I loved him for that, and I loved his country just as much. From that point on, we adapted a little better to our Italian surroundings. Since it was officially sweet to do nothing, my sunburned daughter decided to skip much of the walking and accompany the baggage in Lara's van, where the two young women discussed the shopping opportunities in Spoleto and the pleasures of travelling on the back of a Vespa with a man who is not your father.
I didn't take offence. I still got to walk, after all, and at a good brutal pace that didn't feel quite so much like open-air window-shopping. When I found myself staring nervously at a far-off shape that turned out to be a wild-boar carcass, or trying to calm an English couple who were certain they were lost on a lonely mountain (been there), or struggling to climb an almost vertical hillside -- so steep that every time I stopped to catch my breath, my boots started sliding downward -- I felt glad that Liz was off comparing lifestyle notes with Lara.
I wish she'd been with me, though, when I followed an abandoned train line over a mountain toward Spoleto, coming across a railway viaduct in what was now the middle of nowhere, or walking a delightfully eerie 200 metres through a curving pitch-black tunnel. Nothing on our trip felt more unlike a Tampa shopping mall than those few seconds of menacing darkness, and I know she would have laughed when we actually saw the light at the end of the tunnel -- a cliché come to life.
She missed the pleasure of climbing for a good 90 minutes out of a deep river valley, and the layered views of distant landscapes you got when you finally allowed yourself to turn around. "Do you see that mountain?" I would have said, pointing off into the distant mists. "We were standing on it four days ago."
And all those tiny, compacted hillside villages, with their claustrophobic passageways, and postage-stamp piazzas and prowling cats -- they felt much lonelier without her by my side.
But within a few hours, I'd cross the glorious aqueduct into Spoleto's streets or march down the tree-lined canal into the perfect village of Scheggino, where we'd meet up and compare our days. She'd have as much to say about absurd Italian TV shows and courtly hotel managers and local underwear shops as I would about cliffs I'd nearly fallen off when my cap clipped an overhanging branch, or walking sticks I'd improvised to get my sore feet down an impossible gravel track.
And then together we'd go out and study the trout in the fast-flowing river beside the hotel, how they rest almost motionless waiting for their dinner to hurtle by them -- a fine Umbrian parable for what can be achieved by sitting still and seeming to do nothing.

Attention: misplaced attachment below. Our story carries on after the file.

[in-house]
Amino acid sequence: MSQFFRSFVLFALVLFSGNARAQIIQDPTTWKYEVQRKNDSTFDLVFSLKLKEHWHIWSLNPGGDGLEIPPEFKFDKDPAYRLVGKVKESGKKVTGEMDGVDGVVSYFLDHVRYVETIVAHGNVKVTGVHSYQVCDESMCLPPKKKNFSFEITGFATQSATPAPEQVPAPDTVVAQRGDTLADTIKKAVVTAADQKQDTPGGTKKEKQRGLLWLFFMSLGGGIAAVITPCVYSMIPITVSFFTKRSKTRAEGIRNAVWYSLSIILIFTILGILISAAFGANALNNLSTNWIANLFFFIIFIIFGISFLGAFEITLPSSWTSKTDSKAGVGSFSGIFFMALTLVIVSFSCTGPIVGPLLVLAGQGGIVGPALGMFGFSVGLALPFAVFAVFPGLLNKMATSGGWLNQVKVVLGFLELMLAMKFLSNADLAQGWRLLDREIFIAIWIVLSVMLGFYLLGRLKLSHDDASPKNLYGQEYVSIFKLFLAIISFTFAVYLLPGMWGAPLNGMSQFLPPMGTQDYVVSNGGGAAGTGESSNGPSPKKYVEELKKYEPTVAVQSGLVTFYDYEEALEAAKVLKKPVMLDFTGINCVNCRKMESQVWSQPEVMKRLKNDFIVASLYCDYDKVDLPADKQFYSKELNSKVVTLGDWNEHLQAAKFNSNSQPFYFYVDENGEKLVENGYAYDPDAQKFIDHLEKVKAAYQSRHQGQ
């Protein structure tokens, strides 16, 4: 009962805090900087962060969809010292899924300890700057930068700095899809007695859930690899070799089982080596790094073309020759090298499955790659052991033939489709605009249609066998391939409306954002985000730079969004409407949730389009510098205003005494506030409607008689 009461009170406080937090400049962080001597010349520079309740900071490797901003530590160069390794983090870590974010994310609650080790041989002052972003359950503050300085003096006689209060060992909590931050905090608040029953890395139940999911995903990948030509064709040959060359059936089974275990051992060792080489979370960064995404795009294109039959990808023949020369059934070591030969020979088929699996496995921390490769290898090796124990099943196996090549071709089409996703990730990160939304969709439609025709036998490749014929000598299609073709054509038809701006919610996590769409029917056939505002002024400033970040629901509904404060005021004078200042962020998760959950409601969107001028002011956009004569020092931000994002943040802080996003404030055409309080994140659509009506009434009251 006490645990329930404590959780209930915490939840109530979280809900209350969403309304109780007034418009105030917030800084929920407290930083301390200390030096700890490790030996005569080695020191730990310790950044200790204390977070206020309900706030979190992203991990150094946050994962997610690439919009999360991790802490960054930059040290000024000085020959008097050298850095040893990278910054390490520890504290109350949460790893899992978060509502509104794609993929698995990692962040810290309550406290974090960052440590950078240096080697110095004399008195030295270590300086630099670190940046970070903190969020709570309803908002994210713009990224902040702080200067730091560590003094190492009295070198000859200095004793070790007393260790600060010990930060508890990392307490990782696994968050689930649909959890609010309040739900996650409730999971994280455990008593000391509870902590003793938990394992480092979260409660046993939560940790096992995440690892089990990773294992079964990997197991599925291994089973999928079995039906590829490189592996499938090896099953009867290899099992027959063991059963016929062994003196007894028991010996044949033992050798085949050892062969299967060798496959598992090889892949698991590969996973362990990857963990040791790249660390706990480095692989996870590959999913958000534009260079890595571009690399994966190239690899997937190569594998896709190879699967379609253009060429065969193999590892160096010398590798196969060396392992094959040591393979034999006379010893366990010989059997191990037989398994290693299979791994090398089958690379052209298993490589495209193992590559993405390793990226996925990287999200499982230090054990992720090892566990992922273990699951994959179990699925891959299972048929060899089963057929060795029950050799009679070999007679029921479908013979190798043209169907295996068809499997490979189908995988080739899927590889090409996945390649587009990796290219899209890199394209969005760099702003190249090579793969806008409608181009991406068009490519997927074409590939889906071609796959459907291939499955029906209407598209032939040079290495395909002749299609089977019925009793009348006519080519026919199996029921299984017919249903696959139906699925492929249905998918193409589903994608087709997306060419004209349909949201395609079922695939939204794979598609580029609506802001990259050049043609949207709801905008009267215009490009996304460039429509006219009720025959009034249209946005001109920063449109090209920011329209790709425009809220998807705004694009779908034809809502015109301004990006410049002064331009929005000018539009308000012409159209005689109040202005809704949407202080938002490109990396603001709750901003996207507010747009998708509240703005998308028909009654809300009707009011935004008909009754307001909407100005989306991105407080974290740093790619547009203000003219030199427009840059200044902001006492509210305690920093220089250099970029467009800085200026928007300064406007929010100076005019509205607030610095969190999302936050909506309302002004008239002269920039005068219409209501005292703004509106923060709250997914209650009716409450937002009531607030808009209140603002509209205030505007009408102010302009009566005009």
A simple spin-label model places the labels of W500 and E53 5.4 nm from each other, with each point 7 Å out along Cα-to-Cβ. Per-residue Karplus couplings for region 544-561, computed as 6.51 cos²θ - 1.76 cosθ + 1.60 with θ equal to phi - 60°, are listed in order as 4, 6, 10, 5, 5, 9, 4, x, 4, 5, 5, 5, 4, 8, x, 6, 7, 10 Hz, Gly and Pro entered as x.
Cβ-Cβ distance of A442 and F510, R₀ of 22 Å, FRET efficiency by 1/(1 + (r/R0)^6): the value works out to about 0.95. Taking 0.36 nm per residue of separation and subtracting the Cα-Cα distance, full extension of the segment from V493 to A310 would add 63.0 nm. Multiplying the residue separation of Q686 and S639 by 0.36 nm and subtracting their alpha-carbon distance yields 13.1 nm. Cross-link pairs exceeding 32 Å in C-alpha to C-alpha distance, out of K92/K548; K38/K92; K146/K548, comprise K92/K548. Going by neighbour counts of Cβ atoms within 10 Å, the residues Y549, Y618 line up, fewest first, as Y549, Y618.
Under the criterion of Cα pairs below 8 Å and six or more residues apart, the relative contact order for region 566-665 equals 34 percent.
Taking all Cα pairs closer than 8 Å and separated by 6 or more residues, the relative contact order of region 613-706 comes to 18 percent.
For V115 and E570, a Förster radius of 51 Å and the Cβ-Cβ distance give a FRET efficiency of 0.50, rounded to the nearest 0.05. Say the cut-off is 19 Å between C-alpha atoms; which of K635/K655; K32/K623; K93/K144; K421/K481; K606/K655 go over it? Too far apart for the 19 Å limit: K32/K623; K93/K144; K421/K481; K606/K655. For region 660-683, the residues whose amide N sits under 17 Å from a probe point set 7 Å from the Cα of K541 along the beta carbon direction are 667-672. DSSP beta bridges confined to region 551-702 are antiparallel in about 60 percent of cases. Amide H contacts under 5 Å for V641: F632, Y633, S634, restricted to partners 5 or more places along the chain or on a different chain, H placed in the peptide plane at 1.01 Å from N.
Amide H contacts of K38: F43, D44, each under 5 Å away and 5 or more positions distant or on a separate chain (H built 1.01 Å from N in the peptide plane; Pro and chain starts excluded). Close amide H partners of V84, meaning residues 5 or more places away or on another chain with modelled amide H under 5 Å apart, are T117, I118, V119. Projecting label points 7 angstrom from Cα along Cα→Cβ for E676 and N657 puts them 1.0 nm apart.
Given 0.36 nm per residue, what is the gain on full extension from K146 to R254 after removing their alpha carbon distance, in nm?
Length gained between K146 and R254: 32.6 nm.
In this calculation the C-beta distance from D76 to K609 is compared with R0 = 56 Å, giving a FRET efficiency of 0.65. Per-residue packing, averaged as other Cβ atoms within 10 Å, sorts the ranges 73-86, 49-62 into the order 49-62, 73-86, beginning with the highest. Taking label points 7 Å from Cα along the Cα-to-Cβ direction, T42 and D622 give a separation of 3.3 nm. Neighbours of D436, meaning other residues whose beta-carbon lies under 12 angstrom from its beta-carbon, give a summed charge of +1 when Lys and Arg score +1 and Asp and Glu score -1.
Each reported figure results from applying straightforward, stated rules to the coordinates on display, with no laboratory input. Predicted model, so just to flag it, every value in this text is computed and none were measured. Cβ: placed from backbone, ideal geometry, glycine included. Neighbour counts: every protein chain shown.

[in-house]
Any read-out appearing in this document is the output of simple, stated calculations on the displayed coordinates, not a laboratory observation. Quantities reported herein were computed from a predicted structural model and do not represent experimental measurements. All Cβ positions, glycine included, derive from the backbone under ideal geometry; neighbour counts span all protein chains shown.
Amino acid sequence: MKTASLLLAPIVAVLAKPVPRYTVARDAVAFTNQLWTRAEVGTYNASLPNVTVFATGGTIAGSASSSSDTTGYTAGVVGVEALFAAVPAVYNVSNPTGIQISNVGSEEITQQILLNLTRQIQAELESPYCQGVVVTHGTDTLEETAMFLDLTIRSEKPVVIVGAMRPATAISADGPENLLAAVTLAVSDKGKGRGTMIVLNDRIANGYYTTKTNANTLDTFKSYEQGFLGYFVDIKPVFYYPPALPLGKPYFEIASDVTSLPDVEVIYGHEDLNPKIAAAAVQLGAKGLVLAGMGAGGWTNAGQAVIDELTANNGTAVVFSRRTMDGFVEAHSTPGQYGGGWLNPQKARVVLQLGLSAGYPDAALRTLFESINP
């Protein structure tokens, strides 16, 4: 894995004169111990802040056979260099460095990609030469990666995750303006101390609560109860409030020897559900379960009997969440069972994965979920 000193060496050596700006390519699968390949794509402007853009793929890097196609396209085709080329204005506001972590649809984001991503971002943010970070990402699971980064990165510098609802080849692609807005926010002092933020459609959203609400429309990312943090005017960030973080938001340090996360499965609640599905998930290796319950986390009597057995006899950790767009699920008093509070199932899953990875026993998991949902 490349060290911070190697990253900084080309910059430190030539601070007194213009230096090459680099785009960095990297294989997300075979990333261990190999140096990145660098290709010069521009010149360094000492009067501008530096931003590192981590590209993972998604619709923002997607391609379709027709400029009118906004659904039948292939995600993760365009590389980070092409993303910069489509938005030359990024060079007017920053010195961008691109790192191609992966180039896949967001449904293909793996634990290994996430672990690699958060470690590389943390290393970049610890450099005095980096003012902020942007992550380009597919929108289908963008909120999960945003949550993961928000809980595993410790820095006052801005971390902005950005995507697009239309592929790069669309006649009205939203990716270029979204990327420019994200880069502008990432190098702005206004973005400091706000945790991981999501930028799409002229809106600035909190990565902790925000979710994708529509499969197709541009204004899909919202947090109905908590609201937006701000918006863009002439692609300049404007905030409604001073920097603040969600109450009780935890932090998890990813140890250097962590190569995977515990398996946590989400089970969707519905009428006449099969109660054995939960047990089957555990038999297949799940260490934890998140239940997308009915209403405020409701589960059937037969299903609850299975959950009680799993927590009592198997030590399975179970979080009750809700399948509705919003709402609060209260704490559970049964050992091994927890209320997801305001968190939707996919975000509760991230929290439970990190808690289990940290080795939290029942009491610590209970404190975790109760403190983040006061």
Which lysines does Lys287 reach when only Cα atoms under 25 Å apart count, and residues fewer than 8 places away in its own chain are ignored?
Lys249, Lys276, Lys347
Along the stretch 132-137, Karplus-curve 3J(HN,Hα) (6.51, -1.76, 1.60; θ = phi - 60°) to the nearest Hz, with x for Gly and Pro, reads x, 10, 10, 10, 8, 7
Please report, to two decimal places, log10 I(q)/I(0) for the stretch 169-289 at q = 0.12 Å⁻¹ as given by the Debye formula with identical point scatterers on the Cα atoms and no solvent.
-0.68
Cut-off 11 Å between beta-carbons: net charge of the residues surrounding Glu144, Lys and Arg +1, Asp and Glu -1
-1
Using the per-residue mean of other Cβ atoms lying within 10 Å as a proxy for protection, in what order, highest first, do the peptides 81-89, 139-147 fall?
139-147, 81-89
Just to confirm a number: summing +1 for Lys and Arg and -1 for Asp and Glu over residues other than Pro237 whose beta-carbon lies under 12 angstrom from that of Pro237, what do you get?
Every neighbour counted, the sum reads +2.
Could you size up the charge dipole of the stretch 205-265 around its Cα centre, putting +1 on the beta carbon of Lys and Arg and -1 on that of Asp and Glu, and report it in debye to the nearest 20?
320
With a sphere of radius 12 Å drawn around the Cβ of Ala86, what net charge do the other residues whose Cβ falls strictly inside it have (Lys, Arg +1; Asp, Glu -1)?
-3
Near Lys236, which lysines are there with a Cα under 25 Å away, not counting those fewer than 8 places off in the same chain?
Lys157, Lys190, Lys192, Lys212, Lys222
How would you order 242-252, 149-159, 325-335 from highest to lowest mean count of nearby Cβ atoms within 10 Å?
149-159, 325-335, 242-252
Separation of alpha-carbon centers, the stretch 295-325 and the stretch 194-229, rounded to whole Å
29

Bordered on the west by Tuscany and on the east by the Apennine Mountains, Umbria is easily accessible from the main A1 highway or by train from Termini station in Rome. The Eurostar to Spoleto in the southeast part of the region takes 75 minutes and costs about $19Cdn.
Perugia is the major city in Umbria, well-known for its Italian courses offered for foreigners. Assisi, Orvieto and Spoleto are treasuries of art and culture.
WHERE TO STAY
Hotel Gattapone: Via del Ponte 6, Spoleto; phone: 39 (0743) 223 447.
Albergo Aurora: Via Apollinare 3, Spoleto; phone: 39 (0743) 220 315.
Hotel Del Ponte: Via di Borgo, Scheggino; phone: 39 (0743) 612 53; Web: www.bellaumbria.net/hotel-delponte.
FOODS OF THE REGION
The food in Umbria is simple but delicious -- look for local prosciutto and salami; crostini topped with wild-mushroom paste; Castelluccio lentils; spelt (farro) cooked like risotto or in a tomato broth; pasta such as strangozzi or pappardelle sauced with truffles; stewed wild boar; river trout; Umbrian olive oil; pecorino cheese and rich red wine made from the Sagrantino and Sangiovese grapes.
While Tuscany is well-served by walking tours, Umbria remains off the beaten track. The British travel company ATG Oxford, which offers both escorted, independent and specialty walks (including trips that focus on Umbrian wildflowers and truffle-hunting), has designed its own network of routes along sheep tracks, gravel roads, riverside paths and forest trails. The author's trips was titled Unknown Umbria. For more information, call 44 (1865) 315663 or visit the Web site at http://www.atg-oxford.co.uk.
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